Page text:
SUPER SUMMER ADVENTURE CAMP For kids, itâ€™s simply the best kind of summer fun! ENTERING KINDERGARTENERS THROUGH 3RD GRADE Swim Lessons â€˘ Gymnastics â€˘ Arts & Crafts â€˘ Natural Science Program â€˘ Weekly Field Trips â€˘
7:30am to 6:00pm â€˘ Full, mid, or half day Located on the campus of Wade Thomas School in San Anselmo.
1-week sessions June 18th - August 17th
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DG86AA)&*").&"++%' Camp Soulajule is a program of the Marin County Office of Education 40 PACIFIC SUN MARCH 23 - MARCH 29, 2007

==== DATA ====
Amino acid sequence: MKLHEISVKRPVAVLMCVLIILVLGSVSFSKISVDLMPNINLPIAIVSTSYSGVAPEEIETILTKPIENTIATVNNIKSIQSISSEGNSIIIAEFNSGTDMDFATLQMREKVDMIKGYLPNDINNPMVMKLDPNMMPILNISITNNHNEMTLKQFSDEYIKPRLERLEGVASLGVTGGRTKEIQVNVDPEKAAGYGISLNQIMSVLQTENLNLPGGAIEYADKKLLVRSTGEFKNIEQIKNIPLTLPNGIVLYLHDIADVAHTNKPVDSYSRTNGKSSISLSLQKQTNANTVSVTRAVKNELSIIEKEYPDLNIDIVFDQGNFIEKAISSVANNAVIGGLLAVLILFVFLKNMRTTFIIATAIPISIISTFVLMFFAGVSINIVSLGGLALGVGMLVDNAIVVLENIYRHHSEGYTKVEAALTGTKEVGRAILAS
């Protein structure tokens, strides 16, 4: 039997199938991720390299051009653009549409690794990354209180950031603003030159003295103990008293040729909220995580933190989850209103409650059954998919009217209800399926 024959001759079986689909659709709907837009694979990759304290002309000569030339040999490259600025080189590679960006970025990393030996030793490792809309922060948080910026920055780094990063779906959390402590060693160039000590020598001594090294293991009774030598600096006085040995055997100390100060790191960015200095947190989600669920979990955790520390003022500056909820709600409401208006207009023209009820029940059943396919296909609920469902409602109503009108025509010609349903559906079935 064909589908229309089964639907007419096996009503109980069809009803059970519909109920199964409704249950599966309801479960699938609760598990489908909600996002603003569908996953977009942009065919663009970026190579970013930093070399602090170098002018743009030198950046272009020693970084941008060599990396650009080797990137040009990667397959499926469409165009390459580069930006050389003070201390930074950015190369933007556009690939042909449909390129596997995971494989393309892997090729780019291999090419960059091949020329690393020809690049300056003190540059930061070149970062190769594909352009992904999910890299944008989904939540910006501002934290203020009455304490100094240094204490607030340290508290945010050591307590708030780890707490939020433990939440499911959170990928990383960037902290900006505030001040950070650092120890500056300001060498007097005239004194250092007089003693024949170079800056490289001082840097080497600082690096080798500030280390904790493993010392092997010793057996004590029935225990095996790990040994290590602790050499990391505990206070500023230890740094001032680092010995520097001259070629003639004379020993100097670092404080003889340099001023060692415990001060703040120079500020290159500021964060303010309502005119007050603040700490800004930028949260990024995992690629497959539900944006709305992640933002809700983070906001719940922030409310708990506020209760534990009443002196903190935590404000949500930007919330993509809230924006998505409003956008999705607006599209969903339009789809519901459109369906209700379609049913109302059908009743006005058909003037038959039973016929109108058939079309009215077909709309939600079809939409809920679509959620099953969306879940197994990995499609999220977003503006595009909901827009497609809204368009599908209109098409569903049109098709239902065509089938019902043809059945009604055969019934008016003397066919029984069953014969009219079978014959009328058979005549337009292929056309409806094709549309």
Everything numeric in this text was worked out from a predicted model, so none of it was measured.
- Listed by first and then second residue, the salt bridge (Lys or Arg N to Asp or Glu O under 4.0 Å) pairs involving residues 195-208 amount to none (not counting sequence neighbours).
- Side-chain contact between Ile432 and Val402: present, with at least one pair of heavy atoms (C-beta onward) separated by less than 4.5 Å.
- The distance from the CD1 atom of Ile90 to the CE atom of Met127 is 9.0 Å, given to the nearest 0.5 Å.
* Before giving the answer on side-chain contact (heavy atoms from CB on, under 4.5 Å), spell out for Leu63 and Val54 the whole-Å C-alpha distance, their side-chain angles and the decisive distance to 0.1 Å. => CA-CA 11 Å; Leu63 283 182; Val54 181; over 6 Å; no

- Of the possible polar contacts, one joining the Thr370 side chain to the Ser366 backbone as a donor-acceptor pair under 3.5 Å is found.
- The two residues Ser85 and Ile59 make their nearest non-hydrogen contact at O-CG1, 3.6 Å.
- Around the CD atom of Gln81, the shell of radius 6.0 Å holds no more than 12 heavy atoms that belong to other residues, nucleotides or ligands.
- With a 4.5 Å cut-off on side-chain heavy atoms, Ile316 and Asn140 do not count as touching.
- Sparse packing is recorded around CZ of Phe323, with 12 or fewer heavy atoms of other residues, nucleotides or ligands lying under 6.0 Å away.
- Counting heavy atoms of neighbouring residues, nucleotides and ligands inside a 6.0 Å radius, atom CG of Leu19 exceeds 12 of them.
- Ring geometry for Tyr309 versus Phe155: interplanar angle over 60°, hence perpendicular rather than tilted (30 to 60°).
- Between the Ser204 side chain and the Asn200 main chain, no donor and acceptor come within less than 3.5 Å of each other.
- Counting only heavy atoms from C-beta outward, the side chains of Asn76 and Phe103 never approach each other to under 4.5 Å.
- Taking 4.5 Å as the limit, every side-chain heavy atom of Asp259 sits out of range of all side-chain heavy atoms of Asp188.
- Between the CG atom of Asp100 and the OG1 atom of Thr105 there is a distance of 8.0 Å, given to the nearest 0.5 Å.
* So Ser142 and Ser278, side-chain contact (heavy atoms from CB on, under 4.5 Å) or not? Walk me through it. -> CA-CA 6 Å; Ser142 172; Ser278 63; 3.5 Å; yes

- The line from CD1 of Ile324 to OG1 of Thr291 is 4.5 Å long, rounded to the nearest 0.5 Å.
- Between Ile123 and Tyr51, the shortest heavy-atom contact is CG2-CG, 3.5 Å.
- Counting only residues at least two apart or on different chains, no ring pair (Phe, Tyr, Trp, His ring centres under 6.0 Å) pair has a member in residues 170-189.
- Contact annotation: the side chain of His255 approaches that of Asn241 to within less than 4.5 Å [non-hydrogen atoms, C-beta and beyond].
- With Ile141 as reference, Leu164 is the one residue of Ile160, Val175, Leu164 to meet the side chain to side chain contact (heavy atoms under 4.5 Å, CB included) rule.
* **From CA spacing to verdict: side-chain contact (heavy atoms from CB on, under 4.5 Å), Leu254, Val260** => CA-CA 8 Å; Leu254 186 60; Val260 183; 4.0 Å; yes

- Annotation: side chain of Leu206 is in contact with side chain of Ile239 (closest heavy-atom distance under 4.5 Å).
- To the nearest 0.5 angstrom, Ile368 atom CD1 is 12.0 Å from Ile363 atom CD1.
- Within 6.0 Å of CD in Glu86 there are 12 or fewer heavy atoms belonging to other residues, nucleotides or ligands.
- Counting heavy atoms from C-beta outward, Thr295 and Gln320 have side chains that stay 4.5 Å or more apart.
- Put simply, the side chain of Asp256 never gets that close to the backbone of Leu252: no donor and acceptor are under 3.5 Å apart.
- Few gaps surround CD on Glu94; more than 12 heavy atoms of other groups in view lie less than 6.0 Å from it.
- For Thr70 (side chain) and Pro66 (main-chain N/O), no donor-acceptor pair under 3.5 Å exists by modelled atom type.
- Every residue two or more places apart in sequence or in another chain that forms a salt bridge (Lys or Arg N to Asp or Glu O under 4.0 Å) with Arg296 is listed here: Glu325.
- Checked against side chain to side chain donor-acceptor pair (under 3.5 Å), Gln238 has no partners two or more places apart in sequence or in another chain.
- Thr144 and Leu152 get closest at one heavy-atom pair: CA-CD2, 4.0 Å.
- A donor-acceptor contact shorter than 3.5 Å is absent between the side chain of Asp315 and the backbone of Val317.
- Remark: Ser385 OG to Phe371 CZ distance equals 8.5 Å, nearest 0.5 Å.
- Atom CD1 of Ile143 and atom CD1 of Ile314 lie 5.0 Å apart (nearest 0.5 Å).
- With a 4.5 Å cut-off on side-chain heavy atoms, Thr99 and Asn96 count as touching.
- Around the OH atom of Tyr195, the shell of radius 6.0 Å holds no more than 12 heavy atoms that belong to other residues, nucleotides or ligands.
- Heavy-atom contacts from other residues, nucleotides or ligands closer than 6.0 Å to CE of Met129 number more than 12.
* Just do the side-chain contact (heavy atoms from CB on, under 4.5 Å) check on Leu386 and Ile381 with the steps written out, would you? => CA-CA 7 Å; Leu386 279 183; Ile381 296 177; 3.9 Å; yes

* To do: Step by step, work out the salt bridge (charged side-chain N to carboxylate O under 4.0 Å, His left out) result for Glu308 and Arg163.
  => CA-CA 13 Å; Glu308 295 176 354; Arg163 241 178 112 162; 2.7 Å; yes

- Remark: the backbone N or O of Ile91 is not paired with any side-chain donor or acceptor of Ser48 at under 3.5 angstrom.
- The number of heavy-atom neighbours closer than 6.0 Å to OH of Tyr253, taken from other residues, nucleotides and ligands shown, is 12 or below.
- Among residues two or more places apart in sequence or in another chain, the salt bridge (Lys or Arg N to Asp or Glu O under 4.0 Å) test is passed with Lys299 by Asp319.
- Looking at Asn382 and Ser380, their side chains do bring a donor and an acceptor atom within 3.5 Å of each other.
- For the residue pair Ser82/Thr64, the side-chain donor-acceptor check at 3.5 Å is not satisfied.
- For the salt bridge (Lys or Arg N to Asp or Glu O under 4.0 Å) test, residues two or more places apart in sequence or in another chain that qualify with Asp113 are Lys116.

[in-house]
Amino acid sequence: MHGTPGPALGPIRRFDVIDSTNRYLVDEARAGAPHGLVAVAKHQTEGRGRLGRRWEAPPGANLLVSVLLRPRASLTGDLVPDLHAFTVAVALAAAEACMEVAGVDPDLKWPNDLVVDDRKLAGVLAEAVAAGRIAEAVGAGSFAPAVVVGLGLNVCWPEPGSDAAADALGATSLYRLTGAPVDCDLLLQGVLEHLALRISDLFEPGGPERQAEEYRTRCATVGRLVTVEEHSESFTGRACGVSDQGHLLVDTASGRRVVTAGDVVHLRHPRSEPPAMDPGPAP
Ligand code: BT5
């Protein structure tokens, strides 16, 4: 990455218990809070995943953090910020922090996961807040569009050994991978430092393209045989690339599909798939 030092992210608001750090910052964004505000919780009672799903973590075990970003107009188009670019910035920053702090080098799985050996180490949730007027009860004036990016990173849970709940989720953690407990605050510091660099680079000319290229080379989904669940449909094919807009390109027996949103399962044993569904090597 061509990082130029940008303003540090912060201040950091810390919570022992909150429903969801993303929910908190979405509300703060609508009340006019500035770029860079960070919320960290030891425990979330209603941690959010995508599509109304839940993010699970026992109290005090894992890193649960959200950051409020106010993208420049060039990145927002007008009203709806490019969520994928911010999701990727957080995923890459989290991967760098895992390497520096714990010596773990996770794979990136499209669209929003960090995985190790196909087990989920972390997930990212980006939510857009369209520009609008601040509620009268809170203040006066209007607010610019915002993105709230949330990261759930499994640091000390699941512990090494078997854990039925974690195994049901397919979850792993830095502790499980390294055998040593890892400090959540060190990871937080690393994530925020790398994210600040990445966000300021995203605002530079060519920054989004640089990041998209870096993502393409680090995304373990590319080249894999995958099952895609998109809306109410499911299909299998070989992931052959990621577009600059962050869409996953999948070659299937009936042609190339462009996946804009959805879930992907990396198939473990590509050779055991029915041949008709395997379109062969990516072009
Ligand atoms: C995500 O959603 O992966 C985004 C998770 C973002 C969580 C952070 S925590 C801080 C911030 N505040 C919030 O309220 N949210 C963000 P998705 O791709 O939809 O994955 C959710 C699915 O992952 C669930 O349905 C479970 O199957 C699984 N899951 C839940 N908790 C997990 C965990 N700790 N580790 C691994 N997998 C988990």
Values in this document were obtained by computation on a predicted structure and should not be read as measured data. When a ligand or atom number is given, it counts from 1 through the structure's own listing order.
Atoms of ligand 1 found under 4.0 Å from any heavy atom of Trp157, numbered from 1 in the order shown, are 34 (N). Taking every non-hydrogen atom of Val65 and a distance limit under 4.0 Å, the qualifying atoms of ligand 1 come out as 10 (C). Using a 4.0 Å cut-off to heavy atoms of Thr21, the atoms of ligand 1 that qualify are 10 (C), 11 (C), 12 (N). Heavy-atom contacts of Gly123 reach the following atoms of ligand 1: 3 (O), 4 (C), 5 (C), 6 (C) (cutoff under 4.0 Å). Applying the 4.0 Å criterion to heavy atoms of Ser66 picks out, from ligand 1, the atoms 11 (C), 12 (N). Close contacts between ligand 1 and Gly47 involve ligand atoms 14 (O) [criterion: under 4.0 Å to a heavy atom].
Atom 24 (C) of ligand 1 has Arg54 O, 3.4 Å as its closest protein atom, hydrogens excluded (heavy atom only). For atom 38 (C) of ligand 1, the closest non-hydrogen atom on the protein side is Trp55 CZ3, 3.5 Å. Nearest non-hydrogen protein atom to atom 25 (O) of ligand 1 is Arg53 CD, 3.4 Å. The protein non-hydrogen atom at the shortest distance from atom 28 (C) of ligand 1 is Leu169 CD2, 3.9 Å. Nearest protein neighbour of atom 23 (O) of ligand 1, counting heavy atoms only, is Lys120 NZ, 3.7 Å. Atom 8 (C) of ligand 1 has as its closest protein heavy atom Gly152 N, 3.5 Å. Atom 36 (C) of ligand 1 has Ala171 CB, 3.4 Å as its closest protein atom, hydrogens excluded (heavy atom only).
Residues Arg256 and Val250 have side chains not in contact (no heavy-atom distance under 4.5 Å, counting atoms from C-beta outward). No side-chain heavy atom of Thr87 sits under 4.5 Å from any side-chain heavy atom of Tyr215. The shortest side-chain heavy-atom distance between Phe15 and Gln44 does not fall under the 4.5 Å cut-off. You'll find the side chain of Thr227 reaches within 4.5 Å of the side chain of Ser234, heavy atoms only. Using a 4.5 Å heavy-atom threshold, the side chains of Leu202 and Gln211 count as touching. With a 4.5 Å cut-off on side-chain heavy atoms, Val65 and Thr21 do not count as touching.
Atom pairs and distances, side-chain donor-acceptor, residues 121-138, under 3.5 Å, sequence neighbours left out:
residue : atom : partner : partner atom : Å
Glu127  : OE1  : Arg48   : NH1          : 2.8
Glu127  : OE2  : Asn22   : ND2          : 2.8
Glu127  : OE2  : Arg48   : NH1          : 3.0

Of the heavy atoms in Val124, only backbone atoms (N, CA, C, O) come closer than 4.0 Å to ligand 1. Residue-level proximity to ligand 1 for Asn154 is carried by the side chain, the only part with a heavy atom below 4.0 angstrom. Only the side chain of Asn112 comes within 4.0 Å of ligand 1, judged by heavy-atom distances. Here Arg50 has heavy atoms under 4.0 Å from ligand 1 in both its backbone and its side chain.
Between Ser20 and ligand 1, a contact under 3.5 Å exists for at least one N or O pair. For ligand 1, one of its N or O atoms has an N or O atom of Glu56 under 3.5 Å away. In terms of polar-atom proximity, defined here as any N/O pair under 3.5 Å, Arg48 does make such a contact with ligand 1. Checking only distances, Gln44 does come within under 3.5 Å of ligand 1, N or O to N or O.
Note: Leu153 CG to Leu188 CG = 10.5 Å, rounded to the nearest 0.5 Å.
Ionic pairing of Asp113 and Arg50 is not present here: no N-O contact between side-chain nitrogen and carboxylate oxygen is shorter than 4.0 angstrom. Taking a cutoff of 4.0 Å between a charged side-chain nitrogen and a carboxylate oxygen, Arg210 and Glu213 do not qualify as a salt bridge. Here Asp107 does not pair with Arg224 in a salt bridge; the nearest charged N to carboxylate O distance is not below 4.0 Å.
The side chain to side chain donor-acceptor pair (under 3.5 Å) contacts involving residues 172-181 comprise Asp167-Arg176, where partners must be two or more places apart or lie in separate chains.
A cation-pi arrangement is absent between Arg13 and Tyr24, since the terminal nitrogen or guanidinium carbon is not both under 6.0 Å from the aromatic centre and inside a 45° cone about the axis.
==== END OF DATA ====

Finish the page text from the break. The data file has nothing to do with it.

â€˘ â€˘ â€˘ LITTLE GYM â€˘ â€˘ â€˘ â€˘ â€˘ â€˘ â€˘ â€˘ â€˘ â€˘ â€˘ SAUSALITO 415/289-0600 www.tlgsouthmarinca.com Fun and non-competitive, theme-based camp curriculum combines physical ďŹ tness, gymnastics and play with arts and crafts for children ages 3-8 years old. Must be fully potty-trained. The specially developed camp curriculum is designed around themes such as â€œAdventures of T-Rex & Puff!â€? and â€œWhoâ€™s Your Hero?â€? â€˘ â€˘ â€˘ MUSICAL THEATER DANCE CAMP â€˘ SAUSALITO 415/339-1390 www.stagedor.com Stage Dor Dance Studio and Performance Space offers a unique experience for the teen dancer. This summer camp includes training in Broadway Jazz, Ballet, Modern, Hip-Hop, Tap and Costume Design and concludes with a Broadway Review performance in Stage Dorâ€™s own off-Broadway theater. We have a costume loft with an inventory of 2,000 costumes and an in-house designer. Come and have an off-Broadway experience off Bridgeway. â€˘ â€˘ â€˘ CAMP SOULAJULE â€˘ â€˘ â€˘ â€˘ â€˘ â€˘ â€˘ â€˘ â€˘ PETALUMA 415/491-6602 www.WalkerCreekRanch.org â€œAdventures in natureâ€? - Walker Creek Ranch is the home for this residential camp operated by the Marin County OfďŹ ce of Education. Activities include swimming, canoeing, wildlife observation, ďŹ shing, animal husbandry, archery, pottery, hiking, mask making, organic gardening, solar cooking, an all day beach trip, campďŹ re, skit night, night hike and barn boogie. Three ďŹ ve-day overnight programs offered for ages 812 in July. Visit our Web site to download a brochure or call us for more info.